- S. Aust, W. Jäger, H. Kirschner, M. Klimpfinger, and T. Thalhammer, “Pancreatic stellate/myofibroblast cells express G-protein-coupled melatonin receptor 1,” Wiener Medizinische Wochenschrift, vol. 158, no. 19-20, pp. 575–578, 2008.
- A. Vonlaufen, M. V. Apte, B. A. Imhof, and J. L. Frossard, “The role of inflammatory and parenchymal cells in acute pancreatitis,” Journal of Pathology, vol. 213, no. 3, pp. 239–248, 2007.
- P. Mews, P. Phillips, R. Fahmy et al., “Pancreatic stellate cells respond to inflammatory cytokines: potential role in chronic pancreatitis,” Gut, vol. 50, no. 4, pp. 535–541, 2002.
- M. V. Apte, P. S. Haber, S. J. Darby et al., “Pancreatic stellate cells are activated by proinflammatory cytokines: implications for pancreatic fibrogenesis,” Gut, vol. 44, no. 4, pp. 534–541, 1999.
- M. Preis and M. Korc :, “Signaling pathways in pancreatic cancer,” Critical Reviews in Eukaryotic Gene Expression, vol. 21, no. 2, pp. 115–129, 2011.
- A. Masamune, T. Watanabe, K. Kikuta, and T. Shimosegawa, “Roles of pancreatic stellate cells in pancreatic inflammation and fibrosis,” Clinical Gastroenterology and Hepatology, vol. 7, no. 11, pp. S48–S54, 2009.
- K. Shimizu, “Pancreatic stellate cells: molecular mechanism of pancreatic fibrosis,” Journal of Gastroenterology and Hepatology, vol. 23, supplement 1, pp. S119–S121, 2008.
- R. Jaster and J. Emmrich, “Crucial role of fibrogenesis in pancreatic diseases,” Best Practice and Research in Clinical Gastroenterology, vol. 22, no. 1, pp. 17–29, 2008.
- G. C. Blobe, W. P. Schiemann, and H. F. Lodish, “Role of transforming growth factor β in human disease,” New England Journal of Medicine, vol. 342, no. 18, pp. 1350–1358, 2000.
- N. Khalil, “TGF-β: from latent to active,” Microbes and Infection, vol. 1, no. 15, pp. 1255–1263, 1999.
- W. U. Guo-Yang, L. U. Qingjun, T. Hasenberg et al., “Association between EGF, TGF-βl, TNF-α gene polymorphisms and cancer of the pancreatic head,” Anticancer Research, vol. 30, no. 12, pp. 5257–5262, 2010.
- J. Y. C. Chow, M. Ban, H. L. Wu et al., “TGF-β downregulates PTEN via activation of NF-κB in pancreatic cancer cells,” American Journal of Physiology-Gastrointestinal and Liver Physiology, vol. 298, no. 2, pp. G275–G282, 2010.
- M. J. Truty and R. Urrutia, “Basics of TGF-β and pancreatic cancer,” Pancreatology, vol. 7, no. 5-6, pp. 423–435, 2007.
- Y. Aoyagi, T. Oda, T. Kinoshita et al., “Overexpression of TGF-β by infiltrated granulocytes correlates with the expression of collagen mRNA in pancreatic cancer,” British Journal of Cancer, vol. 91, no. 7, pp. 1316–1326, 2004.
- V. Ellenrieder, A. Buck, A. Harth et al., “KLF11 mediates a critical mechanism in TGF-β signaling that is inactivated by ERK-MAPK in pancreatic cancer cells,” Gastroenterology, vol. 127, no. 2, pp. 607–620, 2004.
- H. Teraoka, T. Sawada, Y. Yamashita et al., “TGF-beta1 promotes liver metastasis of pancreatic cancer by modulating the capacity of cellular invasion,” International Journal of Oncology, vol. 19, no. 4, pp. 709–715, 2001.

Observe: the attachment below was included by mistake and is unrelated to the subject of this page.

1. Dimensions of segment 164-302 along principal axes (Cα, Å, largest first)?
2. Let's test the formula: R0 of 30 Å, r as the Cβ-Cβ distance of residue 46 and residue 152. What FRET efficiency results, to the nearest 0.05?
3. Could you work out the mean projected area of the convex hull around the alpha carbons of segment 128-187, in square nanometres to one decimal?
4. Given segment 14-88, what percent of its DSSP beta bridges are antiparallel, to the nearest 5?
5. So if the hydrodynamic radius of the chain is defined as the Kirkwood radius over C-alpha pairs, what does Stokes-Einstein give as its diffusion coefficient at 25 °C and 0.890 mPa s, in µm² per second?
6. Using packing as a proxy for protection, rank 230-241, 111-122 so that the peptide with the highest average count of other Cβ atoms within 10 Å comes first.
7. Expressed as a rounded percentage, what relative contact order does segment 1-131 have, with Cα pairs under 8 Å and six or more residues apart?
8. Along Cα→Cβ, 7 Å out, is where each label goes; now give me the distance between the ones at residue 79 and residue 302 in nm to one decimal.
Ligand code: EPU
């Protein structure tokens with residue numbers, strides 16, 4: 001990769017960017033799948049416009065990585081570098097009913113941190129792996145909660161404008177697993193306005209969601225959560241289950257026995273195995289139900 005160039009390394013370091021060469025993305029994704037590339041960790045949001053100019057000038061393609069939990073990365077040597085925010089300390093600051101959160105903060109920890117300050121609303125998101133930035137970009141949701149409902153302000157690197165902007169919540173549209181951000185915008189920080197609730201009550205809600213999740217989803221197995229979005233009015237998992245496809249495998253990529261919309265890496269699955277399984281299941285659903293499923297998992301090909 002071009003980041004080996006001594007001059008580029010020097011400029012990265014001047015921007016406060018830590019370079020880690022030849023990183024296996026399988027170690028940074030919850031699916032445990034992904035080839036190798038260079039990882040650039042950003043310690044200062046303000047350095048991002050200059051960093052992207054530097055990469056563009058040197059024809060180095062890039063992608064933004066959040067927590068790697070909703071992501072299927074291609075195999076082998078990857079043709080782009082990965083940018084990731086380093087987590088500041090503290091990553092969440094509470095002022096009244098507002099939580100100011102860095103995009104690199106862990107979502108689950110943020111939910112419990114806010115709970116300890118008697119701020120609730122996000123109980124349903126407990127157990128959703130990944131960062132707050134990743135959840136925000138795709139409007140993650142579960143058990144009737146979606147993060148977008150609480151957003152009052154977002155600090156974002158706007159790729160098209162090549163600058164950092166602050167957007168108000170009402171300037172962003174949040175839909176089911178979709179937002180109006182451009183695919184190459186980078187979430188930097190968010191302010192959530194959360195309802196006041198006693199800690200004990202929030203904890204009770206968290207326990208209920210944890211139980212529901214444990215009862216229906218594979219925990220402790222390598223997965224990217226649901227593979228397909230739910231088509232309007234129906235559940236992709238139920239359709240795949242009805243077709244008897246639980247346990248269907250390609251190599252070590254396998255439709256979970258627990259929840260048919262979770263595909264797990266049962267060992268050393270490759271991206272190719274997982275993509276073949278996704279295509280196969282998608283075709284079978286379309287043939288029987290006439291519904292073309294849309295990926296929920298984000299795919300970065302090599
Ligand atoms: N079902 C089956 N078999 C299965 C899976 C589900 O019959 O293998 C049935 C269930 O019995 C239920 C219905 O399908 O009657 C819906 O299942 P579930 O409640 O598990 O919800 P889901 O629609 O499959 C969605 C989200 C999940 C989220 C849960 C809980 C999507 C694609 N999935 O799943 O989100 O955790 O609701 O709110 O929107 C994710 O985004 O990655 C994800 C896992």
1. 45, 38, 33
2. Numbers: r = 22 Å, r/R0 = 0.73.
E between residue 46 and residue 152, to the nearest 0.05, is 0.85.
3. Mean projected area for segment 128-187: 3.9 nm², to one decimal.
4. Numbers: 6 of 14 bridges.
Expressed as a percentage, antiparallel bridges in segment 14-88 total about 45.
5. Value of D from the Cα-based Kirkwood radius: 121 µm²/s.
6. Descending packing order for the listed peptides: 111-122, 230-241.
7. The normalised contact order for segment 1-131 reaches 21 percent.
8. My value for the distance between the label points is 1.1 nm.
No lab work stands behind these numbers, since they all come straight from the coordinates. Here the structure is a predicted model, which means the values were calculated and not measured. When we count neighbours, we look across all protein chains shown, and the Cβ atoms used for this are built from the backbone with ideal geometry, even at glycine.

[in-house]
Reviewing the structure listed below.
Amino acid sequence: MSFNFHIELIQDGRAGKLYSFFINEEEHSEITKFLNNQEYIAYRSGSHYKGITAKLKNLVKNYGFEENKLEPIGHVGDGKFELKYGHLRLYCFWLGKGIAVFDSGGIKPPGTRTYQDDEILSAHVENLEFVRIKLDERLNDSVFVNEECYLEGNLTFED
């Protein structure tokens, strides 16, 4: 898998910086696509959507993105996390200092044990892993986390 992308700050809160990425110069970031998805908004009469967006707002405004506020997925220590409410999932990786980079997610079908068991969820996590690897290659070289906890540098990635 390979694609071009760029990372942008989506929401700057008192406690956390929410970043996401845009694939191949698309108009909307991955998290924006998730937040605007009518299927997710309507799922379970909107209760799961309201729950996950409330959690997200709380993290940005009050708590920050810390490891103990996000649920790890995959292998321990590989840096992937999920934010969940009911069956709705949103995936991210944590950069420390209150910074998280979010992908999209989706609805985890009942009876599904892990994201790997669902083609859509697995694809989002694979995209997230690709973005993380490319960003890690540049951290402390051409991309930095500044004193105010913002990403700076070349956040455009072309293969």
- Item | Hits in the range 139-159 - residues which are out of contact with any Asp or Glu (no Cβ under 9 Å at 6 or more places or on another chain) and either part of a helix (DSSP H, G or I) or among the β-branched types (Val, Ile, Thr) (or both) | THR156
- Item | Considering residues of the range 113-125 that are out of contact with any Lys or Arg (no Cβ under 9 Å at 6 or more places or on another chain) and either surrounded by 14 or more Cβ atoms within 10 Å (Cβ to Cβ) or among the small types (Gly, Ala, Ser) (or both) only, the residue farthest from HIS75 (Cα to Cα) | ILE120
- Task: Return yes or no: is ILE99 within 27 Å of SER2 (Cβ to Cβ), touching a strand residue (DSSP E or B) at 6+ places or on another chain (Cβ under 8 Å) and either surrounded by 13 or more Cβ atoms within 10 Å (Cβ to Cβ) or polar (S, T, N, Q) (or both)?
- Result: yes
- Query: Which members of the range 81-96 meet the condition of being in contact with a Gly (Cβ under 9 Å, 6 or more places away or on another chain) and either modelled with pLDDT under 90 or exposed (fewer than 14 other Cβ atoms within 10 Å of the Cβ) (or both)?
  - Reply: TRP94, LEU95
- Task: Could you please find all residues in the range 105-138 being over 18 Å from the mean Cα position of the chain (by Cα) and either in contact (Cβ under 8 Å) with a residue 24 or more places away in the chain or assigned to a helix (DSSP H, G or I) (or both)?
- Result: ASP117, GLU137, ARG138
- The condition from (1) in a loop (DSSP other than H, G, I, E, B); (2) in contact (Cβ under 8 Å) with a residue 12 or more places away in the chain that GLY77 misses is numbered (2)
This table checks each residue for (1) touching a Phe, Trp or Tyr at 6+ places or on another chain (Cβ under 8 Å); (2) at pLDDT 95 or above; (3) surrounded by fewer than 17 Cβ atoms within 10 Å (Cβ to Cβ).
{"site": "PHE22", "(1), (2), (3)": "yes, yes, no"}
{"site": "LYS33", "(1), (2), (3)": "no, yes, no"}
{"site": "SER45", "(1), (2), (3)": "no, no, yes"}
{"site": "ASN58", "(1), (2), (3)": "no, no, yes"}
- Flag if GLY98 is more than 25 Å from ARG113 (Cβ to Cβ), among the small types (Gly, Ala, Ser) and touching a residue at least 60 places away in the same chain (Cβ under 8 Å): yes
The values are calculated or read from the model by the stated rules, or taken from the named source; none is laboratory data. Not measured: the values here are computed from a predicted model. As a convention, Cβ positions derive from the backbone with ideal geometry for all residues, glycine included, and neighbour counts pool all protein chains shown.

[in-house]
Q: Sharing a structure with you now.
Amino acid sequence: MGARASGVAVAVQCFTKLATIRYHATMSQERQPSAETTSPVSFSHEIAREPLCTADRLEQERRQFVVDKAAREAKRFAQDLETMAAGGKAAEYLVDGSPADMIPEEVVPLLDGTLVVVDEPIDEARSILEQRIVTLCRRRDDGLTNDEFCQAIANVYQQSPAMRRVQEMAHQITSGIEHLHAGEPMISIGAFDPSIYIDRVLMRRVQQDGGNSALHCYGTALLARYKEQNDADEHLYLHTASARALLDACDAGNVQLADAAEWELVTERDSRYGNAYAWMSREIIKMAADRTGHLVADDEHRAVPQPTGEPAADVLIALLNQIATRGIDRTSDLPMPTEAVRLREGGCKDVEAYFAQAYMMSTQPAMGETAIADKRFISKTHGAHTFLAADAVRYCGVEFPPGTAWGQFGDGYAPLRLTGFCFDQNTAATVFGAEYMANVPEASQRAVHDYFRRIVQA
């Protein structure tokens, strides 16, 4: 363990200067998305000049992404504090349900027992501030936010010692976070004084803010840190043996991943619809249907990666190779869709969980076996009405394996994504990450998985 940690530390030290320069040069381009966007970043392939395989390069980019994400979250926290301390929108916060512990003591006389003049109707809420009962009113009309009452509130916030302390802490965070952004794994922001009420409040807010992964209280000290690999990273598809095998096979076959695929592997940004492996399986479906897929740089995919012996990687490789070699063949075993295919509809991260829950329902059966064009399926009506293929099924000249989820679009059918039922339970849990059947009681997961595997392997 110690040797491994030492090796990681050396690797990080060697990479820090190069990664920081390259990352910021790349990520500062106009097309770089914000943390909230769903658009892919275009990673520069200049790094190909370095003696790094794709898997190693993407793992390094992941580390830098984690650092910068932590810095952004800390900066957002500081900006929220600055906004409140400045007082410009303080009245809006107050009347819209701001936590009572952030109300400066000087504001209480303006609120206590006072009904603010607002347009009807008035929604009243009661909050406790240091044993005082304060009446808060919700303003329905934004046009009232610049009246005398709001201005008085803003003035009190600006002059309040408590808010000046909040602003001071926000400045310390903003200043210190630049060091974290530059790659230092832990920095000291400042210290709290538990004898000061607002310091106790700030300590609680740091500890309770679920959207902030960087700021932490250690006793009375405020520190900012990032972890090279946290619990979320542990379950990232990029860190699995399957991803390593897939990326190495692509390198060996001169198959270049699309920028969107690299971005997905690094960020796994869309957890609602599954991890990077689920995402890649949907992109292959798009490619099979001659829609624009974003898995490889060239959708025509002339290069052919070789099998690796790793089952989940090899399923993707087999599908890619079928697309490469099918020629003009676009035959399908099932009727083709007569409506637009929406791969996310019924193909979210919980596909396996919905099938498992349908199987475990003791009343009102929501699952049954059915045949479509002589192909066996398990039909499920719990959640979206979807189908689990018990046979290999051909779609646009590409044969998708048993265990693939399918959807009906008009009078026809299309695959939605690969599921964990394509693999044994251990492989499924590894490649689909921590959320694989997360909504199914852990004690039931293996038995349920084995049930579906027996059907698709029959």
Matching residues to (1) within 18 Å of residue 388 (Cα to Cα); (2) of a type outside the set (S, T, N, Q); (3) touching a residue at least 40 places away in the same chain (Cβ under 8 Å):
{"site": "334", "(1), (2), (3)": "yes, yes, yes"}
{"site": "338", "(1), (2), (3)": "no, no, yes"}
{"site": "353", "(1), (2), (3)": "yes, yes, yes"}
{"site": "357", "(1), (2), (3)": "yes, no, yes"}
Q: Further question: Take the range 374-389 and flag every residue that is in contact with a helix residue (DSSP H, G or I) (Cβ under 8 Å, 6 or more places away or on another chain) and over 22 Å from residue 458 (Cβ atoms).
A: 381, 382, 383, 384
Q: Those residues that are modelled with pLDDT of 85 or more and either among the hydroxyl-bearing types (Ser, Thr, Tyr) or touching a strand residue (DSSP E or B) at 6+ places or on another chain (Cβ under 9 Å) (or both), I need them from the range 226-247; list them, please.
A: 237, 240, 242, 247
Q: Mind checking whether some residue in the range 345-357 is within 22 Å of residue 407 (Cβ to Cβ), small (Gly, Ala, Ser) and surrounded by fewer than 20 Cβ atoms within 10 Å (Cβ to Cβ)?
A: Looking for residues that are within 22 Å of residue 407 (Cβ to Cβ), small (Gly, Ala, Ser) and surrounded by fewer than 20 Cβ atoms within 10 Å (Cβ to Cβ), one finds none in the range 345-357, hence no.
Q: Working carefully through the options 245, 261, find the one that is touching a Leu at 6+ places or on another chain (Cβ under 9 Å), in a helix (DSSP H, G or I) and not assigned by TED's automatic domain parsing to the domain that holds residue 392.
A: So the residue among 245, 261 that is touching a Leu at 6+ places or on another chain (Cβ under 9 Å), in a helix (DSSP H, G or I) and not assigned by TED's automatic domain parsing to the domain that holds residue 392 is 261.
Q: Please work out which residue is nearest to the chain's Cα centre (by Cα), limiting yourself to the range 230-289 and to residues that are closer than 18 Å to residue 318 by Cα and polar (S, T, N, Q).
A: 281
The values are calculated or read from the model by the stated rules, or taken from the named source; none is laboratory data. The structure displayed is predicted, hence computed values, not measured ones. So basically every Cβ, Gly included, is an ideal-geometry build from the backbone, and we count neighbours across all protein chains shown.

- V. Ellenrieder, S. F. Hendler, C. Ruhland, W. Boeck, G. Adler, and T. M. Gress, “TGF-β-induced invasiveness of pancreatic cancer cells is mediated by matrix metalloproteinase-2 and the urokinase plasminogen activator system,” International Journal of Cancer, vol. 93, no. 2, pp. 204–211, 2001.
- J. Kleeff, T. Ishiwata, H. Maruyama et al., “The TGF-β signaling inhibitor Smad7 enhances tumorigenicity in pancreatic cancer,” Oncogene, vol. 18, no. 39, pp. 5363–5372, 1999.
- M. Zavoral, P. Minarikova, F. Zavada, C. Salek, and M. Minarik, “Molecular biology of pancreatic cancer,” World Journal of Gastroenterology, vol. 17, no. 24, pp. 2897–2908, 2011.
- M. Groblewska, B. Mroczko, U. Wereszczynska-Siemiatkowska, P. Mysliwiec, B. Kedra, and M. Szmitkowski, “Serum levels of granulocyte colony-stimulating factor (G-CSF) and macrophage colony-stimulating factor (M-CSF) in pancreatic cancer patients,” Clinical Chemistry and Laboratory Medicine, vol. 45, no. 1, pp. 30–34, 2007.
- S. Joshita, K. Nakazawa, Y. Sugiyama et al., “Granulocyte-colony stimulating factor-producing pancreatic adenosquamous carcinoma showing aggressive clinical course,” Internal Medicine, vol. 48, no. 9, pp. 687–691, 2009.
- K. Ohtsubo, H. Mouri, J. Sakai et al., “Pancreatic cancer associated with granulocyte-colony stimulating factor production confirmed by immunohistochemistry,” Journal of Clinical Gastroenterology, vol. 27, no. 4, pp. 357–360, 1998.
- M. T. Wiekowski, M. W. Leach, E. W. Evans et al., “Ubiquitous transgenic expression of the IL-23 subunit p19 induces multiorgan inflammation, runting, infertility, and premature death,” Journal of Immunology, vol. 166, no. 12, pp. 7563–7570, 2001.
- J. L. Langowski, X. Zhang, L. Wu et al., “IL-23 promotes tumour incidence and growth,” Nature, vol. 442, no. 7101, pp. 461–465, 2006.
- O. Barreiro, M. Yáñez-Mó, J. M. Serrador et al., “Dynamic interaction of VCAM-1 and ICAM-1 with moesin and ezrin in a novel endothelial docking structure for adherent leukocytes,” Journal of Cell Biology, vol. 157, no. 7, pp. 1233–1245, 2002.
- H. Kleinhans, J. T. Kaifi, O. Mann et al., “The role of vascular adhesion molecules PECAM-1 (CD 31), VCAM-1 (CD 106), E-selectin (CD62E) and P-selectin (CD62P) in severe porcine pancreatitis,” Histology and Histopathology, vol. 24, no. 5, pp. 551–557, 2009.
- H. B. Pollard, M. Srivastava, O. Eidelman et al., “Protein microarray platforms for clinical proteomics,” Proteomics-Clinical Applications, vol. 1, no. 9, pp. 934–952, 2007.